Collected over 40 years by Arthur J. Phelan of Chevy Chase, Maryland, these paintings express his own passion for paintings about water that can be traced to summers spent in Connecticut where he raced sailboats and watched large commercial sailing ships pass through Long Island Sound.

 

Wall panel texts from the exhibition

 
The Arthur J. Phelan Collection
 
 
I have built a number of collections that started with the chance acquisition of an artwork that reminded me of something in my past.
 
This group of maritime and coastal scenes arises from the time I spent at my family's summer home in eastern Connecticut. Our house, half way between New London and the Connecticut River, was on the water. During World War II, I sailed small sloops at the point where Long Island Sound empties into the Atlantic and where large commercial sailing ships occasionally still passed by. Later, while at Yale, I was never far from the Sound.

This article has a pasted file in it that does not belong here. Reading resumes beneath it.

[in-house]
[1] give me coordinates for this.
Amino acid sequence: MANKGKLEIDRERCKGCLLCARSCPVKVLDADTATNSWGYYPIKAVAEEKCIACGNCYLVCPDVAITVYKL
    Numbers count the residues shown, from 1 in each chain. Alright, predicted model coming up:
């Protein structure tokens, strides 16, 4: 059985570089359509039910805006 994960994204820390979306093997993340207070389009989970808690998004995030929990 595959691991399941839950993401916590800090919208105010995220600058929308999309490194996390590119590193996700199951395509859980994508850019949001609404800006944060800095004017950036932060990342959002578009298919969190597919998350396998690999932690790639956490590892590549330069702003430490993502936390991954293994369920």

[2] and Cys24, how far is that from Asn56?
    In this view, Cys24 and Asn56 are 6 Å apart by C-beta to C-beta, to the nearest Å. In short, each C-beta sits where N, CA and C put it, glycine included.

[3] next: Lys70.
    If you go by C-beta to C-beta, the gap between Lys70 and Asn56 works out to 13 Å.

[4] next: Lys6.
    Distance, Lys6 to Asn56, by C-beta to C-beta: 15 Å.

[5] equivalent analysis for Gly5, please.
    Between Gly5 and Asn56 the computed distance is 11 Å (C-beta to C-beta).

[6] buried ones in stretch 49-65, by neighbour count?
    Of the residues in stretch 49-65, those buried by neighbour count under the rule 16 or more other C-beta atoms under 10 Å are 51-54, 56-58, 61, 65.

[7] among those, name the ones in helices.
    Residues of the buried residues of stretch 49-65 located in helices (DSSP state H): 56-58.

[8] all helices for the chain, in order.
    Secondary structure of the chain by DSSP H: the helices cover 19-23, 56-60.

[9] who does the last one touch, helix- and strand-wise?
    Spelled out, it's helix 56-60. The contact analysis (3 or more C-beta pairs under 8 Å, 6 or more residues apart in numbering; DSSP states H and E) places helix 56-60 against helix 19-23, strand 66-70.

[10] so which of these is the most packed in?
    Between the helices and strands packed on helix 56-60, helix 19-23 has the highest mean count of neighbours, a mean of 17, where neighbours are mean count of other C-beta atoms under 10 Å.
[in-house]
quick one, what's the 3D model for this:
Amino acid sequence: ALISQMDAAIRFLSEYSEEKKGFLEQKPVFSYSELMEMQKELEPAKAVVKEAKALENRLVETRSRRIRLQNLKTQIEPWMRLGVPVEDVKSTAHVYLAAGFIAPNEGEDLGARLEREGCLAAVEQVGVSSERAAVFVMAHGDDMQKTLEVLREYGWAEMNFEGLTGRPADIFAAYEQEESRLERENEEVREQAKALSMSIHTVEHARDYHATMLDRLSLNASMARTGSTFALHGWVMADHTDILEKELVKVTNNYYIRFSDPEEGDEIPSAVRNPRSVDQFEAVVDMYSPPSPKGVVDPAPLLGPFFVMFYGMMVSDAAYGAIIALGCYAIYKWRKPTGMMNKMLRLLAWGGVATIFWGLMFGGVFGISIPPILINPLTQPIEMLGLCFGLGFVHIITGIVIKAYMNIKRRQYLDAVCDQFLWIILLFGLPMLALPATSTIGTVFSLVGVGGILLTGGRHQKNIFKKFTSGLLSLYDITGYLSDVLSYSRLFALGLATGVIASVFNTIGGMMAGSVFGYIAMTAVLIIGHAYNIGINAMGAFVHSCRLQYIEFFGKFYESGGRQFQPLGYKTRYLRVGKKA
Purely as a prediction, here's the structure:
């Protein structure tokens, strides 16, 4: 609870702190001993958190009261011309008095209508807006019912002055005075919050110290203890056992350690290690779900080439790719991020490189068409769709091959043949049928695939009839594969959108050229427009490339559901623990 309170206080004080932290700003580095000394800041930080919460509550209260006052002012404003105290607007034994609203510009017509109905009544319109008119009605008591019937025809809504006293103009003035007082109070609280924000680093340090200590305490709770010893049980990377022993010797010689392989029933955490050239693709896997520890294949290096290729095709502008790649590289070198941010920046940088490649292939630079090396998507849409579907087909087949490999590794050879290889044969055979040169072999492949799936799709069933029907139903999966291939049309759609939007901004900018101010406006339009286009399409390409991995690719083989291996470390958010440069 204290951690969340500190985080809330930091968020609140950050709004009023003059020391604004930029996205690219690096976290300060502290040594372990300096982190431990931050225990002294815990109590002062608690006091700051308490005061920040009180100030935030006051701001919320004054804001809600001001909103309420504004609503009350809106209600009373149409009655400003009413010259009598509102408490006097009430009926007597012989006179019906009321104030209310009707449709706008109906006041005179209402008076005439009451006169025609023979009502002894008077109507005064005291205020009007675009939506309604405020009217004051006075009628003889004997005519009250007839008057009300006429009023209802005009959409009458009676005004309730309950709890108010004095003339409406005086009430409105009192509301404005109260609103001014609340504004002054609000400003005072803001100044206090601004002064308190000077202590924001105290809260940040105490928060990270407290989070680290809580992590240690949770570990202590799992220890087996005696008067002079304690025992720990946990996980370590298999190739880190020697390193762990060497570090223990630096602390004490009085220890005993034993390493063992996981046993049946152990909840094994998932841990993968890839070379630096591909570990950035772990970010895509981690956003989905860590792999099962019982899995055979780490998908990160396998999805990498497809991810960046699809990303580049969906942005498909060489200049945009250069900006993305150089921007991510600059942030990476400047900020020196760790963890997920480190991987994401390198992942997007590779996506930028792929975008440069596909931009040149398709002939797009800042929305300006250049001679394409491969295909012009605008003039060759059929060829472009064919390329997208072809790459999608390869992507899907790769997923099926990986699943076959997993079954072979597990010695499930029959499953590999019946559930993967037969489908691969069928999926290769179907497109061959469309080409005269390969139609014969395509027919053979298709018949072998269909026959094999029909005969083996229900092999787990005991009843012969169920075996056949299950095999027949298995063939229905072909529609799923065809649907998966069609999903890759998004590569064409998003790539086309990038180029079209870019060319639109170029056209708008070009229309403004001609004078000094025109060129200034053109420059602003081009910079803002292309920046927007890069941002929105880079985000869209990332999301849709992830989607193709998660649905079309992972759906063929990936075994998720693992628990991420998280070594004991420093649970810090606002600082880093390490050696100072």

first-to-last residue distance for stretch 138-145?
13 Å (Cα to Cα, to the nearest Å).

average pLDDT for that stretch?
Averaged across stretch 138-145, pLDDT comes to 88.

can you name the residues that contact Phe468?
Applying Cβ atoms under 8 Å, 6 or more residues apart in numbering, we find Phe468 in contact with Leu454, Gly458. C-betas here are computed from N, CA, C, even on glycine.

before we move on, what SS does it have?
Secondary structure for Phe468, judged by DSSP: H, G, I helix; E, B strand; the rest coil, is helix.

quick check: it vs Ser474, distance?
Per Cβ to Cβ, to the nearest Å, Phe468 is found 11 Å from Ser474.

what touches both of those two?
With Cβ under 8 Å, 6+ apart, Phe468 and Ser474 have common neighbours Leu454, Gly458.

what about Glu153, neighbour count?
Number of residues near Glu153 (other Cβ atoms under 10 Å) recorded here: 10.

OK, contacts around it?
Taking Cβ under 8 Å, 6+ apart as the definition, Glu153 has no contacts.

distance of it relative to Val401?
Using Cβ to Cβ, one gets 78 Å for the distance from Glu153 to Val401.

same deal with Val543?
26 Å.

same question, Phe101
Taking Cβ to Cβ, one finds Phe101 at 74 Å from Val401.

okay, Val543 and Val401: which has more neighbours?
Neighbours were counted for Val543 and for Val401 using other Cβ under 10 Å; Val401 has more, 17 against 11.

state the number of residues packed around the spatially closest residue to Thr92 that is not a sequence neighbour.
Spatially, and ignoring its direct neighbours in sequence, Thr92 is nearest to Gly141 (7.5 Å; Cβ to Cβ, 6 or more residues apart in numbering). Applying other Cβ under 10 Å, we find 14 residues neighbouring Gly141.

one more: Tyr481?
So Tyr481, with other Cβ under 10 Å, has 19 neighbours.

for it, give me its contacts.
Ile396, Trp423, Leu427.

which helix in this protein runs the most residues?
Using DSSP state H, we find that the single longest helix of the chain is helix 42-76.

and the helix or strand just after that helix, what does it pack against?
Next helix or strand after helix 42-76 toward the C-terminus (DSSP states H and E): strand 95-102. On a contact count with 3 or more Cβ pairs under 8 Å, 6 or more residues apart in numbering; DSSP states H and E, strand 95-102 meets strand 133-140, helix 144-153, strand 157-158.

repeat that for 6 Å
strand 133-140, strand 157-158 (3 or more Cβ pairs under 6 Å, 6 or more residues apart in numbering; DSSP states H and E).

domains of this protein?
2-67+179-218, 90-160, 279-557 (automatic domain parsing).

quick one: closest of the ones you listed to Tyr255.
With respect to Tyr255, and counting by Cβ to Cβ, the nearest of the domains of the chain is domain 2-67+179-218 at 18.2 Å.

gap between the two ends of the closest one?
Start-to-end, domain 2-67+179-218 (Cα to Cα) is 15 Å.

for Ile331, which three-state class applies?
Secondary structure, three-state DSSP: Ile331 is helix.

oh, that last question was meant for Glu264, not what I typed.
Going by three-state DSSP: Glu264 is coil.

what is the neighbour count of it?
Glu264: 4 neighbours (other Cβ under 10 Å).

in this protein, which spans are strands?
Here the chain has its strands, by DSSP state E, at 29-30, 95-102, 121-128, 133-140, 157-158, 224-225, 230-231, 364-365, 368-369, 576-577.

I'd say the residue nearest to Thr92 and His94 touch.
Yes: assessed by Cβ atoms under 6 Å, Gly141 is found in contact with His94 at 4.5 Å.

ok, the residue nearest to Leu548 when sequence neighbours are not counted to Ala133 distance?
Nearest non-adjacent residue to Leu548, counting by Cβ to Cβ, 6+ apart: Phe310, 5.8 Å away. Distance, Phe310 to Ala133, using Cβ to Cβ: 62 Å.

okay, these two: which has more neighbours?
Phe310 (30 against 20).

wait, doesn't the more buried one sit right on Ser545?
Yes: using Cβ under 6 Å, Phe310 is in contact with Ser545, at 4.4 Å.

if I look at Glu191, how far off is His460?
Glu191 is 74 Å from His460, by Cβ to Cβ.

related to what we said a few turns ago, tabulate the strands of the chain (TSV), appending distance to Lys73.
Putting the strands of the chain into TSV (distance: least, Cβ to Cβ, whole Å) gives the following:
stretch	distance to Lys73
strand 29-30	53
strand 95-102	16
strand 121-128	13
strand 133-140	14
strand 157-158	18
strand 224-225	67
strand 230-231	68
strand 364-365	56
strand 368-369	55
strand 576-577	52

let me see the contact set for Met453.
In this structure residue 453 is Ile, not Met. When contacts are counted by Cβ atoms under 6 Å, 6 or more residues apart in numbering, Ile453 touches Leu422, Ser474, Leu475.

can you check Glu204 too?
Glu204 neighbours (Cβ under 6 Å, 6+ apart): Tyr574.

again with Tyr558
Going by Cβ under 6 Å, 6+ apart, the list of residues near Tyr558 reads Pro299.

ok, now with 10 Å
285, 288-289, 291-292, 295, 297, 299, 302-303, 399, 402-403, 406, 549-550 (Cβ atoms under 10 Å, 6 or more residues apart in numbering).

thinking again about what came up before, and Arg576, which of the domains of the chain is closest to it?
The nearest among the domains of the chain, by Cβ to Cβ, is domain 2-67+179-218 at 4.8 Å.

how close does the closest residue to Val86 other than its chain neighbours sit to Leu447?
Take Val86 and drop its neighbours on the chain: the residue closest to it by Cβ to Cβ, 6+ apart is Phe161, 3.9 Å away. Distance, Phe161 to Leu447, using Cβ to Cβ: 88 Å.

In the early 1960s I bought my first sailing ship painting, the Great Lakes Marine Disaster. My collection started with ship portraits, the earliest form of American maritime painting. In 1980 a major exhibition of Connecticut Impressionists expanded my interest in the sea to the towns that were once centers for whaling and shipbuilding. My collection had always focused on the nineteenth and early twentieth centuries, but the emergence of the industrial waterfront as a subject for painting, and the contrast between Impressionism and the Precisionism found in industrial subjects, eventually brought my collection of waterscapes up to the Second World War.